(c) Fred Schoellhorn

Bruno Weil

Conductor

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Mag. Maria Zeugswetter
Senior Artist Manager
+43 660 300 2898
zeugswetter@rbartists.at

Mag. Katharina Hollerwöger
Assistant Artist Manager
+43 660 300 2899
hollerwoeger@rbartists.at

Biography

First Guest conductor Bruckner Orchester Linz

Bruno Weil is one of the world’s leading conductors for music of the First Viennese School who has gained this remarkable reputation as guest conductor of numerous major orchestras and numerous CD recordings. Among other orchestras he has worked with Berlin and Vienna Philharmonic, Sächsische Staatskapelle Dresden, Bamberger Symphoniker, Vienna Symphonic Orchestra, Boston Symphony Orchestra, Los Angeles Philharmonic Orchestra, Orchestre Symphonique de Montréal, Orchestre National de France, NHK Orchestra Tokyo, Sydney Symphony Orchestra as well as St. Paul Chamber Orchestra.

Since the season 2017/18, Bruno Weil is First Guest Conductor of the Bruckner Orchestra Linz, with whom he is performing at the Oberösterreichische Stiftkonzerte and the Musiktheater Linz.

He has conducted Opera productions at Vienna State Opera, Deutsche Oper Berlin, Semperoper in Dresden, Cologne Opera, Teatro Comunale di Bologna and at Hamburgische…

First Guest conductor Bruckner Orchester Linz

Bruno Weil is one of the world’s leading conductors for music of the First Viennese School who has gained this remarkable reputation as guest conductor of numerous major orchestras and numerous CD recordings. Among other orchestras he has worked with Berlin and Vienna Philharmonic, Sächsische Staatskapelle Dresden, Bamberger Symphoniker, Vienna Symphonic Orchestra, Boston Symphony Orchestra, Los Angeles Philharmonic Orchestra, Orchestre Symphonique de Montréal, Orchestre National de France, NHK Orchestra Tokyo, Sydney Symphony Orchestra as well as St. Paul Chamber Orchestra.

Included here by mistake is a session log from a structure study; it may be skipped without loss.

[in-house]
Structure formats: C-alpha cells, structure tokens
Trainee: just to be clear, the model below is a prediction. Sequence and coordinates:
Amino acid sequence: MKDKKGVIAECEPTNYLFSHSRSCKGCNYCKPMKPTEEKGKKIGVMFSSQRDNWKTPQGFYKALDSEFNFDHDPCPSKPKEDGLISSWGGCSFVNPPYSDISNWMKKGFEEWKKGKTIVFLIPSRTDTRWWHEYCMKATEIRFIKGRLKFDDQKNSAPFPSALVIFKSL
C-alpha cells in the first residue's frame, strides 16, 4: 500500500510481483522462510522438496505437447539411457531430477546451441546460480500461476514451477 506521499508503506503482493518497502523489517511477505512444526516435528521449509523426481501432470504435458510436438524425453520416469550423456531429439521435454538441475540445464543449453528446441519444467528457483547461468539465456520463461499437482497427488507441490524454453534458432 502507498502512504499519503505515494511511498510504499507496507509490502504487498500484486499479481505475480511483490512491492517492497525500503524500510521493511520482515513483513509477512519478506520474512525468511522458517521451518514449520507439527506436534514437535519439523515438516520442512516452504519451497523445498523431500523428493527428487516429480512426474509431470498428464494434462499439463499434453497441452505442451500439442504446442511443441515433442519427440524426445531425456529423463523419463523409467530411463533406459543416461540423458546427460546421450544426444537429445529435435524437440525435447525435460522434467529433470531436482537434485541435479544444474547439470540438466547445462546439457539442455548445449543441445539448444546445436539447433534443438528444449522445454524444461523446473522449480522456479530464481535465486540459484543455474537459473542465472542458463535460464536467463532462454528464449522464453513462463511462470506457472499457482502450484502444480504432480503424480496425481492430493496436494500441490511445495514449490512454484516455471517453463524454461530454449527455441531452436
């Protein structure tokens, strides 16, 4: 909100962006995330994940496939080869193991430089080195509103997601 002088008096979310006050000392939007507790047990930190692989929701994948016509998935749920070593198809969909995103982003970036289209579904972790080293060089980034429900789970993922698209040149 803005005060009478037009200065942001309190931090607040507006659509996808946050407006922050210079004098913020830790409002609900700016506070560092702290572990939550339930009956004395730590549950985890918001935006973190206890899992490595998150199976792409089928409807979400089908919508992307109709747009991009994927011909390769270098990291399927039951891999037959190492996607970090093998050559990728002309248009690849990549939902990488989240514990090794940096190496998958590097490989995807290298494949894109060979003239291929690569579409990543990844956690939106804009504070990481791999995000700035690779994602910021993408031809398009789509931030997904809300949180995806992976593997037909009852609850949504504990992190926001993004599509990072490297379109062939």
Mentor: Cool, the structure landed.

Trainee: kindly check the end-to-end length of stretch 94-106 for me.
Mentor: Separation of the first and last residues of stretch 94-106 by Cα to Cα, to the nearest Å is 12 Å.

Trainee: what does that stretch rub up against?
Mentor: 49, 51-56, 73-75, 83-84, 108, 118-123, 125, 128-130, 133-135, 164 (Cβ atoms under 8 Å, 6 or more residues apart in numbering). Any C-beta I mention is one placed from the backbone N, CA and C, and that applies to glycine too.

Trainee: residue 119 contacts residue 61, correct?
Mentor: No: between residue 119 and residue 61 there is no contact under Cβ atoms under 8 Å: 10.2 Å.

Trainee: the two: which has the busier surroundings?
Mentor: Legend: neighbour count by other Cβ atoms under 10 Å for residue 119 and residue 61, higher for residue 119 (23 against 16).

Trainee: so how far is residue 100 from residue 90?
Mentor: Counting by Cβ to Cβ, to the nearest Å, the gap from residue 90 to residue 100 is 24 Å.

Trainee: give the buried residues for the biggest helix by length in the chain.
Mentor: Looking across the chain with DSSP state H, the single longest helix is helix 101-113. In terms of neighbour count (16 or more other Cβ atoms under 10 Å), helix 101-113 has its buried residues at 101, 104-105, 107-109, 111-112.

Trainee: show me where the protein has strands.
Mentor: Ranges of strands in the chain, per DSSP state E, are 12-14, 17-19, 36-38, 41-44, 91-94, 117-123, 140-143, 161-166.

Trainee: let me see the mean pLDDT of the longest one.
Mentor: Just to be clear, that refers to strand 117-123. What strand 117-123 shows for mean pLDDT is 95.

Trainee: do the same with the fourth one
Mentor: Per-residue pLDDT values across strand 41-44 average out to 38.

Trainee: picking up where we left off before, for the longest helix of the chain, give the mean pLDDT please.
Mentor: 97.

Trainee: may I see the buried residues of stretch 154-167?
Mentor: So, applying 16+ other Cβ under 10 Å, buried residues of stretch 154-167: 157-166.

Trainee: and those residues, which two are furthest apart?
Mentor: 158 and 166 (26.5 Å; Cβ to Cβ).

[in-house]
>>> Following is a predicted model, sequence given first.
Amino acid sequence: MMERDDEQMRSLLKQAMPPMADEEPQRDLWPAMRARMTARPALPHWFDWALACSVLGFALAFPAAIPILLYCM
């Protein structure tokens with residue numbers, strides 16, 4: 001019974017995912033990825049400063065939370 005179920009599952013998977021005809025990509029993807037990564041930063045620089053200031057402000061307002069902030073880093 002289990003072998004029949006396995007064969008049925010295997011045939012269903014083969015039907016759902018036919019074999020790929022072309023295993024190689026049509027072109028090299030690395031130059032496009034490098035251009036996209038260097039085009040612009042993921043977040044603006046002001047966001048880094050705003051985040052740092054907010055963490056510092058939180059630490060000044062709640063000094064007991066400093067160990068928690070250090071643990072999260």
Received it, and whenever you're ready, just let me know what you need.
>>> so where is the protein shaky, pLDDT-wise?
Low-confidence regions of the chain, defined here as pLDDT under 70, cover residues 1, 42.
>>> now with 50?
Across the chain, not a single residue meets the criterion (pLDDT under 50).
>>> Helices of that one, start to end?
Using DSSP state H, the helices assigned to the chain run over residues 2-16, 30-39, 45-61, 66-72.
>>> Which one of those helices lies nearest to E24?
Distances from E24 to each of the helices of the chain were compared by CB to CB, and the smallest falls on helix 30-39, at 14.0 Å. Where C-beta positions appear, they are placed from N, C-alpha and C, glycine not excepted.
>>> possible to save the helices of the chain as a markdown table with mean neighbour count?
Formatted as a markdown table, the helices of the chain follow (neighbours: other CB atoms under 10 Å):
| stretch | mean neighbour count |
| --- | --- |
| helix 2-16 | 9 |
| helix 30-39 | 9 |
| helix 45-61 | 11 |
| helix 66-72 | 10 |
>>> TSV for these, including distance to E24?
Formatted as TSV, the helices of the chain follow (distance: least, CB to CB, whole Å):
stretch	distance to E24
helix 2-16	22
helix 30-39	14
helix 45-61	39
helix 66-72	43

Since the season 2017/18, Bruno Weil is First Guest Conductor of the Bruckner Orchestra Linz, with whom he is performing at the Oberösterreichische Stiftkonzerte and the Musiktheater Linz.

He has conducted Opera productions at Vienna State Opera, Deutsche Oper Berlin, Semperoper in Dresden, Cologne Opera, Teatro Comunale di Bologna and at Hamburgische Staatsoper. He also repeatedly guest conducted at Salzburg Festival, lead Opera productions at Glyndeborne Festival as well as concerts at Salzburger Mozartwoche, Würzburger Mozartsommer and Mozartfestivals in Augsburg and Toronto.

Bruno Weil founded the "KLANG & RAUM Music Festival" at Irsee monastery in Allgäu in 1993 and was its artistic director until 2011. During his tenure it became an international platform for concerts on period instruments.
Until 2010 Bruno Weil was Director of Carmel Bach Festival, one of the oldest music festivals in the US.

Together with the Canadian Tafelmusik Orchestra and the Orchestra of the Age of Enlightenment Bruno Weil recorded a vast number of CDs for SONY CLASSICAL, which were widely acclaimed by the press. Bruno Weil was awarded with "Deutsche Schallplattenpreis – Echo Klassik“ five times. In 1997 he won the prize as "conductor of the year“. He has also received it in the category "Best record of an opera 17./18. century“ and in 2010 for the records of Haydn’s symphonies 93, 95 and 96. In 2006 Bruno Weil was given the "Juno Award“ together with the Canadian Tafelmusik Orchester for their recording of Beethoven’s Symphonies N° 5 and N° 6.

Having been one of the last students of Hans Swarowsky, Bruno Weil won numerous international competitions. After appointments as Kapellmeister at Staatstheater Wiesbaden and Braunschweig he became Augsburgs youngest GMD at the age of 31. From 1994-2002 he was GMD in Duisburg. In 2016, he was honoured with the "Musikpreis der Stadt Duisburg“.

From 2001-2016 Bruno Weil was professor at the Staatliche Hochschule für Musik und Theater in Munich. He was holding the same position at the Mozarteum University Salzburg between 2015-2019.
In autumn 2018 Bruno Weil started his tenure as First Guest Conductor at Bruckner Orchester Linz.

Bruno Weil is currently working on a book about the stylistics of the 18th century, aiming to simplify this complex topic for historically interested musicians.

(c) Fred Schoellhorn

Tafelmusik’s performance of Beethoven’s Ninth Symphony reminds me why I fell in love with music in the first place.